Thermal battery’s renewable energy to fry crisps
This – as yet unequalled – innovation is the fruit of PepsiCo’s partnership with Eneco. In fact, this large-scale electrification project sets an example for the food industry and could bring us a hefty step closer to the Dutch climate goals.
If we, in the Netherlands, are to produce 55 per cent fewer greenhouse-gas emissions in 2030 than we did in 1990, our industry needs to act now and make production more sustainable. Both PepsiCo and Eneco are very much aware of the urgency of the situation. The energy company aims to achieve climate-neutrality by 2035, both for itself and its customers like PepsiCo. Soft drinks, crisps, savoury snacks and breakfast cereals manufacturer PepsiCo means to achieve a 75-per cent drop in CO2 emissions at its production facilities by 2030.
However, there is a lot more to it than simply replacing a gas heater with a few solar panels, and that certainly applies to bulk consumers like the crisp factory in Broek op Langedijk.
Solutions for natural gas
‘The answer to that question is electrification using a thermal battery’, replies Wouter De Lille, Eneco’s Project Developer. The design and implementation of this new technology at the Broek op Langedijk site is the product of a joint quest.
In 2019, Eneco got in touch with PepsiCo, because the energy company, pioneering the energy transition, was looking to help customers switch to more sustainable operations. ‘It’s important, as our customers’ CO2 emissions, which arise from the use of Eneco’s energy products, make up more than 90 per cent of our overall emissions’, De Lille continues.
To convert the crisp factory’s processes from natural gas to electricity, they needed to come up with a solution to their biggest problem: green energy is not always available when there is a demand for it and vice versa – a problem solved by the thermal battery.
A giant blow dryer
The unit uses a huge blow dryer, known as the e-heater, which converts electricity into air that can get up to 800 degrees Celsius. The hot air is transferred to a large tank where it is stored in small, heat-retaining balls called steel slags. When you need heat, you take it out of the tank again and introduce it into the manufacturing process.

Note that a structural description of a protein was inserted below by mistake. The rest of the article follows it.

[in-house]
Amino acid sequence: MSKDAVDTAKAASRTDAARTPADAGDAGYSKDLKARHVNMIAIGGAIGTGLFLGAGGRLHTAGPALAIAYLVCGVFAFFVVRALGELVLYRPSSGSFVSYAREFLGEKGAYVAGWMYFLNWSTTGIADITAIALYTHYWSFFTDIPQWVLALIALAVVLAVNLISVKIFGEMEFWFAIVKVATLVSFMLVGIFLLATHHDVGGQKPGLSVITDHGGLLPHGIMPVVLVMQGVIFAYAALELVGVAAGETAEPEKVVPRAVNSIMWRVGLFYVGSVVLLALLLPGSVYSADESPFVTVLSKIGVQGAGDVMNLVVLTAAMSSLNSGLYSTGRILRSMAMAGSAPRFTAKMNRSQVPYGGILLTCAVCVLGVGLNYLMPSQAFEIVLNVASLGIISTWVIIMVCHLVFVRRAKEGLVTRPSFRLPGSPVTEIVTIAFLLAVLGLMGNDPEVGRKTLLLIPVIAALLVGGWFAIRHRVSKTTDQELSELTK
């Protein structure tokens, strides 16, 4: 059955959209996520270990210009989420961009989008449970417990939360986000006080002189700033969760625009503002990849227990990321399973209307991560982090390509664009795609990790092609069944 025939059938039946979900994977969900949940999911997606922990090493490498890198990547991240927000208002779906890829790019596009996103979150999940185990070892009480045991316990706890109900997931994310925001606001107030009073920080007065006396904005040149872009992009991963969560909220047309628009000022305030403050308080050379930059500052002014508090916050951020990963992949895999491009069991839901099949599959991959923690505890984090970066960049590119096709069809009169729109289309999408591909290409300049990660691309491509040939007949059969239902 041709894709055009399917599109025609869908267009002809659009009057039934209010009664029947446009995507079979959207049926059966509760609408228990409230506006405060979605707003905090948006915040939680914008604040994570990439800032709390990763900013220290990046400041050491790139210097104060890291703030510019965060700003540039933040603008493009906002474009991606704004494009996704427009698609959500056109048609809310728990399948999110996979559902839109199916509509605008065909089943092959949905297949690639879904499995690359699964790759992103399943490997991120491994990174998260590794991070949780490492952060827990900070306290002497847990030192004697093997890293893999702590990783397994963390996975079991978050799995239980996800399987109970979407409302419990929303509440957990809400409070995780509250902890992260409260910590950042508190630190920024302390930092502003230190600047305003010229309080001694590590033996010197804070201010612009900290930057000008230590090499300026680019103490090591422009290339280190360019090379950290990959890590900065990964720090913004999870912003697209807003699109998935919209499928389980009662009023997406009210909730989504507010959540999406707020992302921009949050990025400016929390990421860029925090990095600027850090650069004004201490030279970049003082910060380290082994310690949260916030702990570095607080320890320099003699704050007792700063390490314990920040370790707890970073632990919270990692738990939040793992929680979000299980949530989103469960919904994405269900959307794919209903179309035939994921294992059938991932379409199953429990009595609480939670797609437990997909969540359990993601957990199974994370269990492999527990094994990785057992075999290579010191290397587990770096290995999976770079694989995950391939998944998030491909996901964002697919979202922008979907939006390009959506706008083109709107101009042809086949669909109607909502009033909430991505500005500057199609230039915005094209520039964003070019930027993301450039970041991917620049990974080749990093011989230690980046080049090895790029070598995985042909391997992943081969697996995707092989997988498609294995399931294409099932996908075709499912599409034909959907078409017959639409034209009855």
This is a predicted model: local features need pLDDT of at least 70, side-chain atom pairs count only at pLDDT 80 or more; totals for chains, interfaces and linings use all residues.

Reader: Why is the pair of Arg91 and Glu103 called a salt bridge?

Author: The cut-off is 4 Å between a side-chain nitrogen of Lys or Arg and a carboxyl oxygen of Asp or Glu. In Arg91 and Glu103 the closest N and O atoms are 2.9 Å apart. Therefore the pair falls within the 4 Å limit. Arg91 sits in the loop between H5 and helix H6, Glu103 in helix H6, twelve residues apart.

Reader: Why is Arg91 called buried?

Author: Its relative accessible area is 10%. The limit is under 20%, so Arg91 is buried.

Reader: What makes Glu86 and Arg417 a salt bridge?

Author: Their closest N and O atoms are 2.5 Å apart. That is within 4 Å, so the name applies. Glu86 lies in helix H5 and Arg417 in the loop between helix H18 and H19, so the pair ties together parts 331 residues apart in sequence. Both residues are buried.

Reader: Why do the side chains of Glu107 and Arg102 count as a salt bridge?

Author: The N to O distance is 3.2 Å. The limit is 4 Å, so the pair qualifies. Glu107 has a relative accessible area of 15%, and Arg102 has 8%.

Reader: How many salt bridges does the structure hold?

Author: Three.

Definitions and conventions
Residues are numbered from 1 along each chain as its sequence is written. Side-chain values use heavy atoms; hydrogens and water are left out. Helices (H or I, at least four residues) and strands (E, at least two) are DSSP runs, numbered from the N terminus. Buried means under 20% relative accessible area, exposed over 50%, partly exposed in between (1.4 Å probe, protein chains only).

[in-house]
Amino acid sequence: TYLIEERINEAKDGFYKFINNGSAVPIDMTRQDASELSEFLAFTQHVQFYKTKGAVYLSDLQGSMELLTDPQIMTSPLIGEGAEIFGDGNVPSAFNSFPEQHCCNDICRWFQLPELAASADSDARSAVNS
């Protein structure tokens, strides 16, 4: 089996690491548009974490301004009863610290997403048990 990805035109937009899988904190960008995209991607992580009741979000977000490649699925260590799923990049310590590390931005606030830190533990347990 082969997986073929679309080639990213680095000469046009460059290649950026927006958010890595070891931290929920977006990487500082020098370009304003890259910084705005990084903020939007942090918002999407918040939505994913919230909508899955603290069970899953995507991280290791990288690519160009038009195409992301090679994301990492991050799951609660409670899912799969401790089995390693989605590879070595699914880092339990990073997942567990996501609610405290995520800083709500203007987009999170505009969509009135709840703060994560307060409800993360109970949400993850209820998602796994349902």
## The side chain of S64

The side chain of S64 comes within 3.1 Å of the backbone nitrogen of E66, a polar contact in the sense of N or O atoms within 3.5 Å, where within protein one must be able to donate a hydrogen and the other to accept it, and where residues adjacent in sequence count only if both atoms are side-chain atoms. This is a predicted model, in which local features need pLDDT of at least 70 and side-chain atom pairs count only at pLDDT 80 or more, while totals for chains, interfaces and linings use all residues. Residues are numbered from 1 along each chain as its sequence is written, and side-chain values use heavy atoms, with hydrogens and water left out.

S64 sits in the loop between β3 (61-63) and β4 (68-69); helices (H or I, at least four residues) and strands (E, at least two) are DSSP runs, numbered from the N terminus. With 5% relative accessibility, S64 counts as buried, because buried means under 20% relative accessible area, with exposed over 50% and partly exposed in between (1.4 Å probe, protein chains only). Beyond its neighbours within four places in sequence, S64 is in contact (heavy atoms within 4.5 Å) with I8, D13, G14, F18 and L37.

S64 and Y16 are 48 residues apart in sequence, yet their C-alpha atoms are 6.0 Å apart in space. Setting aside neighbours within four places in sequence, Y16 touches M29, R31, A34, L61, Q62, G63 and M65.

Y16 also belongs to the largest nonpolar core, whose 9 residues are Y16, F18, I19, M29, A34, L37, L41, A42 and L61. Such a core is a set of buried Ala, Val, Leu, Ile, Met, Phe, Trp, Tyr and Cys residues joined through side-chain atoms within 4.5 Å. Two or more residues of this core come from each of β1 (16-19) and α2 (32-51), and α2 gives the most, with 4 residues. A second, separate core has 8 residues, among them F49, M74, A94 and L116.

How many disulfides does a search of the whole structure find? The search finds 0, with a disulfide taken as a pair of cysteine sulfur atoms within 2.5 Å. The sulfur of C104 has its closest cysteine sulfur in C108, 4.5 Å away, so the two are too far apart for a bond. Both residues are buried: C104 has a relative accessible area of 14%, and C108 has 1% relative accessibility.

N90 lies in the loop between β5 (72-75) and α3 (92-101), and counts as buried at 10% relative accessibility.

98-per cent reduction in CO2 emissions
When it is used at full capacity, the CO2 emissions will drop by 51 per cent at the first stage, in comparison with PepsiCo’s predicted emissions without this environmentally-friendly solution. ‘If that goes to plan, we want to expand it with another three units, which could mean a 98-per cent reduction in our CO2 emissions’, Ouwerkerk says.
Not just for the food industry
This technology can be put to good use in more places than just PepsiCo’s crisp factories. ‘I think this system, with a few tweaks, would be suitable for far more sectors’, Ouwerkerk suggests. ‘That’s why we have chosen this technology’, De Lille agrees. ‘This method for storing heat can be used in lots of different ways. In this case, the unit heats thermal oil, but it can produce steam, hot air and warm water, too.’
Making an impact
‘It’s quite a challenge,’ De Lille says, referring to reducing customers’ carbon emissions. He goes on to explain: ‘Consumers can switch to a heat pump or heat grid, if there is one, but technologies that can actually make our industry more sustainable are few and far between. We’re an energy company, so we want to invest in those technologies too.’
There were a few moments when the partnership hung by a thread, following the recent instability in the market, but giving up was never an option. According to De Lille, their achievements are all down to the constant belief in the project that Eneco and PepsiCo continued to share despite the difficulties. ‘Together, we can make the biggest impact.’